Transgender medicine is a developing field of medicine that spans multiple subspecialties. Transgender individuals are defined as those whose gender identity differs from the assigned sex recorded for them at birth based on external sexual characteristics. Gender identity includes an innate biologic component in humans, rather than a reversible trait developed from societal constructs.
This chapter will provide an overview of the different modalities of medical therapy available for transgender individuals. Medicines, mostly in the form of sex hormones, are able to effectively modulate the various endocrine pathways of the human body responsible for sex characteristics considered traditionally male and female. With appropriate supervision, it is now feasible for both transgender men and women who are interested in modifying their physical characteristics to have their body appearance better align with their gender identity.
The Biologic Nature of Gender Identity
The hypothesis that gender identity is of a biologic origin is supported by multiple studies. Research that validates this includes observational studies of genetically male individuals born with congenital abnormalities who were assigned and raised either as males or females, with a proportion undergoing surgical feminization. Individuals who were raised as males were found to have more comfort with their gender identities than those raised as females, findings that went against the long-held belief that gender identity was established through societal or parental influences.
Neuroanatomically, certain regions of the brain in transgender individuals appear more in-line with their gender identity. In a post-mortem analysis of six transgender women (male to female, MTF) and one transgender man (female to male, FTM), the size of the bed nucleus of the stria terminalis of the hypothalamus was similar to the expected size of typical females and males, respectively. This was the case, independent of exposure to sex hormone treatment or sexual orientation. A neuroimaging study with magnetic resonance imaging (MRI) scans of living transgender individuals showed transgender women prior to beginning hormone therapy with larger, “feminized” regional gray matter within the right putamen, whereas therapy-naïve transgender males had “masculinized” gray matter of the right putamen. In another study, positron emission tomography (PET) scans of individuals’ hypothalamus during exposure to 4,16-androstadiene3-one, a compound that reportedly provokes hypothalamus responses in a sexual dimorphic manner, showed that treatment-naïve transgender females had hypothalamus activity responses similar to nontransgender female controls.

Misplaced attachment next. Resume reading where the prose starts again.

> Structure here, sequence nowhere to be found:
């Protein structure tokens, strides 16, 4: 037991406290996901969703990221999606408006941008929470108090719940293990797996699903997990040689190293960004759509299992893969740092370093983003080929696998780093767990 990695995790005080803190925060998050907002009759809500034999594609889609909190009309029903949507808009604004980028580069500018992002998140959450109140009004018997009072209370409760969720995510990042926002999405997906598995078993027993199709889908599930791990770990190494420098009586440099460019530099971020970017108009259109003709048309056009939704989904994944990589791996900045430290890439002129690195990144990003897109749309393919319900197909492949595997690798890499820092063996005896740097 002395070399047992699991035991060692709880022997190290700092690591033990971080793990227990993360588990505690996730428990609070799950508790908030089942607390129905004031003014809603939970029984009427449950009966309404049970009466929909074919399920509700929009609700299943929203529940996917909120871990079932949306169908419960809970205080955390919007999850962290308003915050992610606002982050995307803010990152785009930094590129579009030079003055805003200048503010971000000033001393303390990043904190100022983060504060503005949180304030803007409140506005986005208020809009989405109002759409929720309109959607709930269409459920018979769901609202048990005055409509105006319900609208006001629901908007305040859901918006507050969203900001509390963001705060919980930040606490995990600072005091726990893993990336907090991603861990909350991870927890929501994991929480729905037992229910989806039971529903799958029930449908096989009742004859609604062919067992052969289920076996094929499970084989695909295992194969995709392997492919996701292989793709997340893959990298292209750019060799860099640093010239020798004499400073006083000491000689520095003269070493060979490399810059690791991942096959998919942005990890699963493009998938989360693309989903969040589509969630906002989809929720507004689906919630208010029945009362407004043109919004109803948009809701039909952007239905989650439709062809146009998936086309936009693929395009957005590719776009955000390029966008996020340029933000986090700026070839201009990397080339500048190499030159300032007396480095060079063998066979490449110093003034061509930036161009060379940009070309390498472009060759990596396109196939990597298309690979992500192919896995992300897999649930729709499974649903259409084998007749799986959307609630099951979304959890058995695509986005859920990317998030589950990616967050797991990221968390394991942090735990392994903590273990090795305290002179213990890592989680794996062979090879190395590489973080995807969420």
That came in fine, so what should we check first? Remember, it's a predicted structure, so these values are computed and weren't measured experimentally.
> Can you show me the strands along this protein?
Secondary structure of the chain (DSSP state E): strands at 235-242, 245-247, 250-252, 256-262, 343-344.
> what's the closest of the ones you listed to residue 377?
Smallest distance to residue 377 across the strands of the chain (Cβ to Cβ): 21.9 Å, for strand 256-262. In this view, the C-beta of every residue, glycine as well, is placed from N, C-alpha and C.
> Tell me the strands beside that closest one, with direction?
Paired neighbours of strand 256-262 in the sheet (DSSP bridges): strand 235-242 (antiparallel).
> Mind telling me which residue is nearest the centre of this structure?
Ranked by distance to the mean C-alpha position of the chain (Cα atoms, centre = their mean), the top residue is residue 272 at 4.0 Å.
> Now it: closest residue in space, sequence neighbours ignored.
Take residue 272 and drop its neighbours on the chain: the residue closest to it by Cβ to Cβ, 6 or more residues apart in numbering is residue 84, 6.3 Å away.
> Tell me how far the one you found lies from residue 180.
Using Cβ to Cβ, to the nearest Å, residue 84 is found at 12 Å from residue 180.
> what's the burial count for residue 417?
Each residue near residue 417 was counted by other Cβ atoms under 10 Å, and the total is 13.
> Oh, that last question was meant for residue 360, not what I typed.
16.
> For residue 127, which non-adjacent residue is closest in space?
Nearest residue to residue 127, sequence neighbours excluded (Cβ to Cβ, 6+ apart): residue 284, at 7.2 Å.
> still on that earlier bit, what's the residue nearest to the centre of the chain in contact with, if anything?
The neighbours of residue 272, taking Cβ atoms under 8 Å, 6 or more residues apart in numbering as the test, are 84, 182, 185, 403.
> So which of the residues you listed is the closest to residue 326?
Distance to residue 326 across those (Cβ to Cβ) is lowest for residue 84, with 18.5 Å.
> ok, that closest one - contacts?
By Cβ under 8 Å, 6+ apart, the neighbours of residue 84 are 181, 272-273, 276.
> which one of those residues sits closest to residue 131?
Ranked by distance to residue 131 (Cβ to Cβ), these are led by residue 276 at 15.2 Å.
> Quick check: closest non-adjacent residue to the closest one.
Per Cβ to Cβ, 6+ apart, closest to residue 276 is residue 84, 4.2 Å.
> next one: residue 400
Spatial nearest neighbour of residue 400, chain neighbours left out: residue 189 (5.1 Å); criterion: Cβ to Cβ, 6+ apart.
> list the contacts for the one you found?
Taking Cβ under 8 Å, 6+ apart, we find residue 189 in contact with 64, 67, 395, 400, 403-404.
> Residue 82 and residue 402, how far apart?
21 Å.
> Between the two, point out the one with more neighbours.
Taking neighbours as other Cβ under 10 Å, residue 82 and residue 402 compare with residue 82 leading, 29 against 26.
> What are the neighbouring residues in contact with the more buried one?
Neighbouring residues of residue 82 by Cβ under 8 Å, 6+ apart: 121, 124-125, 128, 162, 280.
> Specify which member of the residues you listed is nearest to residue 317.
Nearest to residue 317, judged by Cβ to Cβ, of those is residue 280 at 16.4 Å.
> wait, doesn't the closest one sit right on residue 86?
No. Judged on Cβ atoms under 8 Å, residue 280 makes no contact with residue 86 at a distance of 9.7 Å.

Typical Hormone Regimens for Transgender Men
Testosterone replacement is the mainstay therapy for transgender men desiring a more masculine appearance. The treatment regimen very much resembles therapies for males with hypogonadism, with the goal of therapy to achieve testosterone levels within the normal male physiological range (300 to 1000 ng/dL). Patients typically will notice signs of male sexual maturation (increased facial and body hair, muscle mass, acne, and libido), as well as amenorrhea within the first several months after initiating testosterone therapy. Other changes, such as male pattern hair loss, voice deepening, redistribution of fat away from the waist and hips, and clitoromegaly, are also usually seen within the first year of therapy.
Hormone regimens for transgender men are listed in Table 5.1 . Testosterone can be administered via several routes: through daily transdermal patches (2.5 to 7.5 mg/day) and gels (2.5 to 10 g/day); weekly via subcutaneous or intramuscular injections of testosterone enanthate or testosterone cypionate (50 to 200 mg/week or 100 to 200 mg/2 weeks); quarterly via testosterone undecanoate (1000 mg/12 weeks); and orally with oral testosterone undecanoate (160 to 240 mg/day). a
a Oral formulations currently not available in the United States.Regimens may be initiated at half the estimated effective dose and then titrated quickly to achieve physiological testosterone levels. Although transgender men often use lower doses than required for other men in general, due to being smaller, it is also safe to start regimens at the full effective dose.
|Patch 2.5–7.5 mg/day|
|Gel 1% 2.5–10 g/day|
|Testosterone enanthate, cypionate|
|100–200 mg/2 weeks|
|1000 mg/12 weeks|
Typical Hormone Regimen for Transgender Women
Hormone regimens for transgender women are listed in Table 5.2 . Due to their ease of administration and wide availability, oral formulations of conjugated estrogens (2.5 to 7.5 mg) and 17-beta estradiol (2 to 8 mg) are the typical first line estrogens used. Estrogens may also be administered topically or intramuscularly. However, the regimen for transgender women desiring to achieve female sex characteristics is more complicated, as supplementing exogenous estrogen alone is not usually sufficient in decreasing endogenous testosterone levels to female levels (30 to 100 ng/dL) to achieve feminization.
|17-beta estradiol 0.1–0.4 mg 1 or 2 times/week|
|Conjugated estrogens 2.5–7.5 mg/day|
|17-beta estradiol 2–8 mg/day|
|Estradiol valerate 5–30 mg/2 weeks|
|Spironolactone (PO) 100–400 mg/day|
|Leuprolide (IM) 3.75–7.5 mg/month|
|Histrelin acetate (SC implant) 50 mg/12 months|
|Goserelin acetate (SC implant) 3.6 mg/month|
|Cyproterone acetate (PO) 50–100 mg/day|